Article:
Art Lebedev, a leading design studio from Russia primarily known for its Optimus series of keyboards with visualization, on Friday announced its new concept, which will use rather conservative touch-screen technology. But while touch-screens have been known for ages, the Optimus Tactus may involve rather complex technology.
At this point not a lot is known regarding Optimus Tactus. What is clear is that a keyboard of an unknown size has embedded touch-screen display with unclear resolution, brightness and colour depth. Special software reconfigures touch-screen and end-users can get any sizes and shapes of keys as a result. In addition, based on the rendered images Art Lebedev released, the keyboard will be able to display additional information, e.g., videos, or calculation results.
“This is the keyboard we want to produce in 2008. Actual width will depend on the TFT display we’ll use,” said Artemy Lebedev, chief executive of Art Lebedev.
It is hardly going to be easy to develop Optimus Tactus. Besides rather complex software, the design studio will have to find a sub-standard touch-screen with high resolution (assuming that working area of the keyboard is typical 30cm x 12.5cm and that each potential 10mm x 10mm key has 48x48 pixel resolution [like that on Optimus Maximus], then the screen have to be capable of displaying 1440x600 pixels) and rapid response time. In addition, Art Lebedev will have to embed inside a graphics processor that not only supports high resolutions, but also features proper video support and has low power consumption. Additionally, all the remaining touchscreen keyboard logic should be mounted in a very compact way.
Touch-screens are widely used in many markets, including public and professional segments, but only relatively recently they migrated into mainstream consumer products. The keyboard with no physical keys is something completely new as tactile feedback is something that is tremendously needed to type or press frequently used key combinations while keeping the sight on a monitor. Still, there may be situations, particularly in public sector, when such keyboards may be useful.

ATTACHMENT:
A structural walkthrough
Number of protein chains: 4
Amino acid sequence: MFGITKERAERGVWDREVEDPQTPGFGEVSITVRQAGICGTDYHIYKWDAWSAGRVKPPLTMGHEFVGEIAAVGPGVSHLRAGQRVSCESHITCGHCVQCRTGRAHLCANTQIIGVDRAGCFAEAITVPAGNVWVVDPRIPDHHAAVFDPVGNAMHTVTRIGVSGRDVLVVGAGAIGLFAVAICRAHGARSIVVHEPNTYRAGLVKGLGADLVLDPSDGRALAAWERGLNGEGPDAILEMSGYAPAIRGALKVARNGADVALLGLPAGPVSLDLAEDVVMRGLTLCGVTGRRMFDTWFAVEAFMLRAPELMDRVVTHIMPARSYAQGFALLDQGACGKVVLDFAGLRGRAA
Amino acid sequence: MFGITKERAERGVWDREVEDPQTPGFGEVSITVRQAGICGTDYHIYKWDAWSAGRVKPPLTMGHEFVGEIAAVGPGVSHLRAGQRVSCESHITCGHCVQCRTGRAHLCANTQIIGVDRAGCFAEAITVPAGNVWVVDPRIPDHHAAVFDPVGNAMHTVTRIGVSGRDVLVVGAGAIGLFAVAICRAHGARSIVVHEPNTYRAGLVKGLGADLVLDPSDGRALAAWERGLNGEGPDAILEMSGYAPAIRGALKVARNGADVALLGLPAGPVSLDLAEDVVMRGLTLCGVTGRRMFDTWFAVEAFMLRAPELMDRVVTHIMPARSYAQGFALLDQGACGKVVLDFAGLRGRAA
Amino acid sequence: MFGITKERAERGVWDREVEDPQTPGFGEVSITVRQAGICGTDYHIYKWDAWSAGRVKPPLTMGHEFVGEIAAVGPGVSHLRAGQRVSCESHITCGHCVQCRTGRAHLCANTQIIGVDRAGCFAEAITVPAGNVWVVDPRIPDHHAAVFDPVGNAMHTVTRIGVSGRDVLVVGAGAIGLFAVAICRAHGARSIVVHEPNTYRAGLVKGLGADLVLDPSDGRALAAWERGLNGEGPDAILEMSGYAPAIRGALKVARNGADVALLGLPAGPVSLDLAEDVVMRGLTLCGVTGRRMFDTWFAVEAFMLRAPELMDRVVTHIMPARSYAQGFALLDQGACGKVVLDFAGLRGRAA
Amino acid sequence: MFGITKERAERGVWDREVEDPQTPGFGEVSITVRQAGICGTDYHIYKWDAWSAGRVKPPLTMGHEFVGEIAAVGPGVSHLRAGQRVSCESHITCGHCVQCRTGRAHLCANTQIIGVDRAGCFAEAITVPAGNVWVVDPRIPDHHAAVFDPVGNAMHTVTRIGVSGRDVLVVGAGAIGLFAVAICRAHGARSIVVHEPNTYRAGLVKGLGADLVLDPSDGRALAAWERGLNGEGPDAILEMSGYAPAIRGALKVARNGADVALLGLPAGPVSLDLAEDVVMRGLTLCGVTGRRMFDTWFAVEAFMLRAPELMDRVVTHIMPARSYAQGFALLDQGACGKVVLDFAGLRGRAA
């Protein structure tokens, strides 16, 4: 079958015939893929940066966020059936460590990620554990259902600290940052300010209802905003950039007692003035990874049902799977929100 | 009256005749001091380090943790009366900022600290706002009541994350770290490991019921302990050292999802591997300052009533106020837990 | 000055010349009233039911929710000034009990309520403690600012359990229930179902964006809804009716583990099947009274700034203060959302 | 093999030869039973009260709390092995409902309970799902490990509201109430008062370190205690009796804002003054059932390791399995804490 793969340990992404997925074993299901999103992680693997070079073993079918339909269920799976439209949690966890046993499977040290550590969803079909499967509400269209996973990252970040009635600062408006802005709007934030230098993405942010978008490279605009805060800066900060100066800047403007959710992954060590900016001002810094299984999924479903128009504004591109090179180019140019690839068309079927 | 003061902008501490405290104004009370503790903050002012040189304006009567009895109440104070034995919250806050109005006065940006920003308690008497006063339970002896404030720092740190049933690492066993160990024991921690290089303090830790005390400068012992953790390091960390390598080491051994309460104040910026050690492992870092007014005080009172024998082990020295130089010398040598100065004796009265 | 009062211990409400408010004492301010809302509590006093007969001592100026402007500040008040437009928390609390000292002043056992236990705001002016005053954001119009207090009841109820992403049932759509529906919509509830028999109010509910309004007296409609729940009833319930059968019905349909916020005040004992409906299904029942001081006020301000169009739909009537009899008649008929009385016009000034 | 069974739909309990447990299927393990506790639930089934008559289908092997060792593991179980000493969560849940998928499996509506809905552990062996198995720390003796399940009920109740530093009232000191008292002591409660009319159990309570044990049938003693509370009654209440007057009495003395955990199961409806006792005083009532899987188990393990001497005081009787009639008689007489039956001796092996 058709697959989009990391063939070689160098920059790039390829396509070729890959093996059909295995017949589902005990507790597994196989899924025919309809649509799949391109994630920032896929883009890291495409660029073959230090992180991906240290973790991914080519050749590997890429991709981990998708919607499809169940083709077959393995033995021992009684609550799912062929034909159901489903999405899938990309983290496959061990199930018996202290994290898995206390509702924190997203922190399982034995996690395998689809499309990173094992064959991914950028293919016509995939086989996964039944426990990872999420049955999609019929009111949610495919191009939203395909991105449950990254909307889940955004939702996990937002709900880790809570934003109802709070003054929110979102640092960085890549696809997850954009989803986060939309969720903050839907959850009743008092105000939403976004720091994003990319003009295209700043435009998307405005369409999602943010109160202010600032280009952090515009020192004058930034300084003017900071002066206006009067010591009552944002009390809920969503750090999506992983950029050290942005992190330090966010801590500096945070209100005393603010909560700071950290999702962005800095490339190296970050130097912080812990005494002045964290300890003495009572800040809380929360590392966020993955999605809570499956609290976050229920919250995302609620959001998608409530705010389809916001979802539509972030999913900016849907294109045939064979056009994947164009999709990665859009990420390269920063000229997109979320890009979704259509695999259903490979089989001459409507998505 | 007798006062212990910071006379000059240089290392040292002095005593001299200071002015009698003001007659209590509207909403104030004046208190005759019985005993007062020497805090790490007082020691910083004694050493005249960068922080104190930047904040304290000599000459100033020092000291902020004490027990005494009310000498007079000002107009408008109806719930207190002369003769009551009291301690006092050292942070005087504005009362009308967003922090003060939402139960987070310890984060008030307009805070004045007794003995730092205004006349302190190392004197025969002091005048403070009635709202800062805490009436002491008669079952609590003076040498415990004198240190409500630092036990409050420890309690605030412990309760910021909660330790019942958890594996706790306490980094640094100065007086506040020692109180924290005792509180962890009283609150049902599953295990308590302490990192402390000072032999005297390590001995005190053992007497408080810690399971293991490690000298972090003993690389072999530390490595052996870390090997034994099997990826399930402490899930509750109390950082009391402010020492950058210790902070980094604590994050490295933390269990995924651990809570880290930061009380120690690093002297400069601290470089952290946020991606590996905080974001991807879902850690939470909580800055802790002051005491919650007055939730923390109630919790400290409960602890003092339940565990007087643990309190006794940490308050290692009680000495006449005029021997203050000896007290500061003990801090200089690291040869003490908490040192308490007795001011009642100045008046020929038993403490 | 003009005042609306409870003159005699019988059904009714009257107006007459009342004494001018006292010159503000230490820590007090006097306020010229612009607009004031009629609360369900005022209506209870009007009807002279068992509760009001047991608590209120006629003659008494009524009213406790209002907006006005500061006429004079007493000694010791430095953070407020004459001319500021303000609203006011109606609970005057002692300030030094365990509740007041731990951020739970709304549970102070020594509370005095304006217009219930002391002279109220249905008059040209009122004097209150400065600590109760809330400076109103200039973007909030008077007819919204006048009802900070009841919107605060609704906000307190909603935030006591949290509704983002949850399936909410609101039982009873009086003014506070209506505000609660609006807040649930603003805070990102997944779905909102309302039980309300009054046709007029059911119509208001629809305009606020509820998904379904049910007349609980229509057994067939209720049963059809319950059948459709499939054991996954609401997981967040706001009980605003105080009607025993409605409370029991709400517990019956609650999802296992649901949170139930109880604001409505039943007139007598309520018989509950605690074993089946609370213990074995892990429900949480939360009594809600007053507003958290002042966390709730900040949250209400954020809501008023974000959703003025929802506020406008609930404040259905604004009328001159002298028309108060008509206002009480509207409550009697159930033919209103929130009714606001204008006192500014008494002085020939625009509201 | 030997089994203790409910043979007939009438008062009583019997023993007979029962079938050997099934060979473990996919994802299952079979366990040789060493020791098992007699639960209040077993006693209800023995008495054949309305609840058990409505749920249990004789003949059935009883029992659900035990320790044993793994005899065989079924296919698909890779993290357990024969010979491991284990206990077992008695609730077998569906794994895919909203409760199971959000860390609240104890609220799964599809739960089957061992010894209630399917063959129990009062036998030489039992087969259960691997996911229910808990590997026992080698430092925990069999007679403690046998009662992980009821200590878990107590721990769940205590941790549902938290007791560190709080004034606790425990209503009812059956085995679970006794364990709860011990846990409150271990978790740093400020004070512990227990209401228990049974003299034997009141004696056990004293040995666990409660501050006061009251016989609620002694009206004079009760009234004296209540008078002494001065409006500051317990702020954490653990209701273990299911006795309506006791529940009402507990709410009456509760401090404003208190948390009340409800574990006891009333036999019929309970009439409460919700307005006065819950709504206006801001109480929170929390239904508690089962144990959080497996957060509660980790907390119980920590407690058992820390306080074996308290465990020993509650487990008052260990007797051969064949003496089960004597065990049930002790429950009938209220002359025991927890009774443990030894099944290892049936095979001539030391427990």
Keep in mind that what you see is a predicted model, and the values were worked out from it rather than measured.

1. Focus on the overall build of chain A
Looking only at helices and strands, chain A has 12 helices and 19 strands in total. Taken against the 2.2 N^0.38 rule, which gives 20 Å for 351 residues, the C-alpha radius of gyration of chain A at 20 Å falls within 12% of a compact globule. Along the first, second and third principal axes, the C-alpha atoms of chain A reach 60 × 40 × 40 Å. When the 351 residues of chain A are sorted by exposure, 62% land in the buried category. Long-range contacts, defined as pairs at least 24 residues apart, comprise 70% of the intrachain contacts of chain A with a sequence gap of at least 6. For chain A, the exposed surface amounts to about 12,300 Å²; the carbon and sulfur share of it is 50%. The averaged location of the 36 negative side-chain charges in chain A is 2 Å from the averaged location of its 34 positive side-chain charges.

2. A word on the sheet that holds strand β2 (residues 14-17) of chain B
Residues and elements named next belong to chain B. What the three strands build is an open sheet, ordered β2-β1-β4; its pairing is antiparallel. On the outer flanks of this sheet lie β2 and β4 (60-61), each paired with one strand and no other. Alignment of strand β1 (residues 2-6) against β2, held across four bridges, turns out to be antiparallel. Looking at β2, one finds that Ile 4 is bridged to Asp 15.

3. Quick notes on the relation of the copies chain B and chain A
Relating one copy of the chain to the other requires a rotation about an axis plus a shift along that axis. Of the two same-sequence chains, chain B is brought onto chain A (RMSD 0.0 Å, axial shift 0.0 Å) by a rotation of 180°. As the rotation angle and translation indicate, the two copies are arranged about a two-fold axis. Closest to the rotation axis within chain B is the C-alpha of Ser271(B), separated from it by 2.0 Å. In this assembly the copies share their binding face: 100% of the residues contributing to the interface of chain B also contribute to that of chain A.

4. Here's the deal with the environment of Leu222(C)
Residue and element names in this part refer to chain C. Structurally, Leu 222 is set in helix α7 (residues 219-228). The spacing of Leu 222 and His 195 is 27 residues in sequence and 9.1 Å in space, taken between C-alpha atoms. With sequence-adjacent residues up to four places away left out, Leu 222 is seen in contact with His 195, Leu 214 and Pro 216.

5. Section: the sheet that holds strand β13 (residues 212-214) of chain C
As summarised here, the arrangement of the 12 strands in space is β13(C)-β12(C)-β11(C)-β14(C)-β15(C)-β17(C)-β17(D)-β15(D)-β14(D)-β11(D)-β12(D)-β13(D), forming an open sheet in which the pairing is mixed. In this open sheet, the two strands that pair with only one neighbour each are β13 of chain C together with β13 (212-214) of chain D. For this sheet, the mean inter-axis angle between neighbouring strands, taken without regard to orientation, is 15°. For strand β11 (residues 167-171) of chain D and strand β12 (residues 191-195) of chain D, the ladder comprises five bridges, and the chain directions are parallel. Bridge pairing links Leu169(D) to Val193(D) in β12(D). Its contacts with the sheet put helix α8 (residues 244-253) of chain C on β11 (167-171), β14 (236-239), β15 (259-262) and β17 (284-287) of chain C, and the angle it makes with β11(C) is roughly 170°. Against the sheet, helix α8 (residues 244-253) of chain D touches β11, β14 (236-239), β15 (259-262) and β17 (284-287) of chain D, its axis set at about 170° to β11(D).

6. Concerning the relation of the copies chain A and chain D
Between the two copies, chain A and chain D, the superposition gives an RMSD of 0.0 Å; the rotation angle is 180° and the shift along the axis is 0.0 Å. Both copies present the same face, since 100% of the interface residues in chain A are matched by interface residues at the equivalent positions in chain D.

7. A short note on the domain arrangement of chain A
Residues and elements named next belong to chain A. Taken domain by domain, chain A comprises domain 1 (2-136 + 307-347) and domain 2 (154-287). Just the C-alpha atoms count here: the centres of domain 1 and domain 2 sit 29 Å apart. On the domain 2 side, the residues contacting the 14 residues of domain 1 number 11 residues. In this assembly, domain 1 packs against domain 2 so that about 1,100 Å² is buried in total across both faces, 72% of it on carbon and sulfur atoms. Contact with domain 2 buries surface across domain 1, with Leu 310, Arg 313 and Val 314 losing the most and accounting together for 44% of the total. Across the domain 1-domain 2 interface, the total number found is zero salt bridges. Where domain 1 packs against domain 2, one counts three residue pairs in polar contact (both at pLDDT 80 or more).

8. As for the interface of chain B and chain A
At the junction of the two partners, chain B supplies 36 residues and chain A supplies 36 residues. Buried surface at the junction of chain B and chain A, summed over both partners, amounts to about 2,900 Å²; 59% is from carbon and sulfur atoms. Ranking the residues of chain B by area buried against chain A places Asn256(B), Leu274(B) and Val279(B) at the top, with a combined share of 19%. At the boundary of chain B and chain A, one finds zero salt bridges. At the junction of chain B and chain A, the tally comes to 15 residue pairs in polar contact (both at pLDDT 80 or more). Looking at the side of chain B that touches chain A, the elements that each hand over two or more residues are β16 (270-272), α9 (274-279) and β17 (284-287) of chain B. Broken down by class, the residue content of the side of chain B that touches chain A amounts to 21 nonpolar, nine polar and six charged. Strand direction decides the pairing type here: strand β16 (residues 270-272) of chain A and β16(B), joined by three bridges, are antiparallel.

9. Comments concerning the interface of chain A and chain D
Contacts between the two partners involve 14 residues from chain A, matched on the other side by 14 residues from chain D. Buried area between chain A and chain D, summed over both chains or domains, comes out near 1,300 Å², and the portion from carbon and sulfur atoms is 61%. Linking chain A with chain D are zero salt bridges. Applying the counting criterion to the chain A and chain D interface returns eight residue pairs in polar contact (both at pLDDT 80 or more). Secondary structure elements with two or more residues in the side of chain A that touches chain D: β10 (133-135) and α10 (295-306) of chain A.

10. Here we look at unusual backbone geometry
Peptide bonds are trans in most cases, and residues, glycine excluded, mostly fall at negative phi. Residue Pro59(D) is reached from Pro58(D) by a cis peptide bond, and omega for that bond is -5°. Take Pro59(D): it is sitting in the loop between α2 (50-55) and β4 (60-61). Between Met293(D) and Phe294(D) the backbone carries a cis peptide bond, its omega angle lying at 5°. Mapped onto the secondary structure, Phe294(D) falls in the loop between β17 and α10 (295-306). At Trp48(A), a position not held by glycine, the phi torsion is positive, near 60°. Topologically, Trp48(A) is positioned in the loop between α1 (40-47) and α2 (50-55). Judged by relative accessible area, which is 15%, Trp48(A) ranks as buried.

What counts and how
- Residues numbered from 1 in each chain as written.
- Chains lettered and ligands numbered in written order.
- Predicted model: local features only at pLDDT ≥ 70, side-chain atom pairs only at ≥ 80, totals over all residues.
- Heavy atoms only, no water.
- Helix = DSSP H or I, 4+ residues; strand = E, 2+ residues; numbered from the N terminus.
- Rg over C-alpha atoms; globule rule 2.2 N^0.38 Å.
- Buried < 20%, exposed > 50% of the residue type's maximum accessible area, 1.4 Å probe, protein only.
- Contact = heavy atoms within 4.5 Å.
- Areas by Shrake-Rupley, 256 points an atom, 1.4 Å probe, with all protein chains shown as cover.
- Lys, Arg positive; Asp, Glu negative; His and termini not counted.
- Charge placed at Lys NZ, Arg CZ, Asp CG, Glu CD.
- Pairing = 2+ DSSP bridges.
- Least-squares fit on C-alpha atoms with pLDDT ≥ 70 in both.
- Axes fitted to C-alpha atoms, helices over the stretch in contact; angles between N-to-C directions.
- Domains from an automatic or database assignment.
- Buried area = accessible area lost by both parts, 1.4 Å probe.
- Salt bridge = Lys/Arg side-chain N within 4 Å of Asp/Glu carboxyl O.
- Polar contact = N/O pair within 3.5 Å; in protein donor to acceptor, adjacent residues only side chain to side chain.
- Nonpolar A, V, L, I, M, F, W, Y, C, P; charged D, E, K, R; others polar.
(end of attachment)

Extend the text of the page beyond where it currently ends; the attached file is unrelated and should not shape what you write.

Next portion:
Comments currently: 2
Discussion started: 01/03/08 06:33:16 PM
Latest comment: 04/20/09 11:52:16 AM
Unless the keyboard came supplied with a substantial amount of rounded clear plastic easy-off stickers with a small imposed bump like braille that can be placed and replaced on the keyboard's screen to emulate texture at the user's discretion depending on the keyboard's image or layout chosen. Such as placing these stickers on the WASD keys or in between the Caps Lock and A key, according to the user's preference.
One reason this technology would be useful is in being able to modify your keyboard's colour, contrast and image simply by changing the settings of the software, or do alternate between QWERTY, Colemar or other keyboard layouts on-the-fly, or even being able to create your own layout without having to code everything into the registry.
Also being able to save space by not having a separate keyboard and tablet, or to write in cursive with a stylo onto the keyboard for on-screen writing, instead of awkwardly trying to write onto the screen, especially in cases like mine where my monitor is 2 metres away from my keyboard, as I sit on the couch and use a 52" LCD as my monitor.
With an open-source it would allow developers to create wild creative ideas for the keyboard to utilize. I've always thought it would be beautiful if upon key press the key would change to another colour (presuming its backlit) and then faded over a 2 second duration back to its original colour, so that when typing the keys would change colour and look awfully stunning.
04/20/09 11:52:16 AM]
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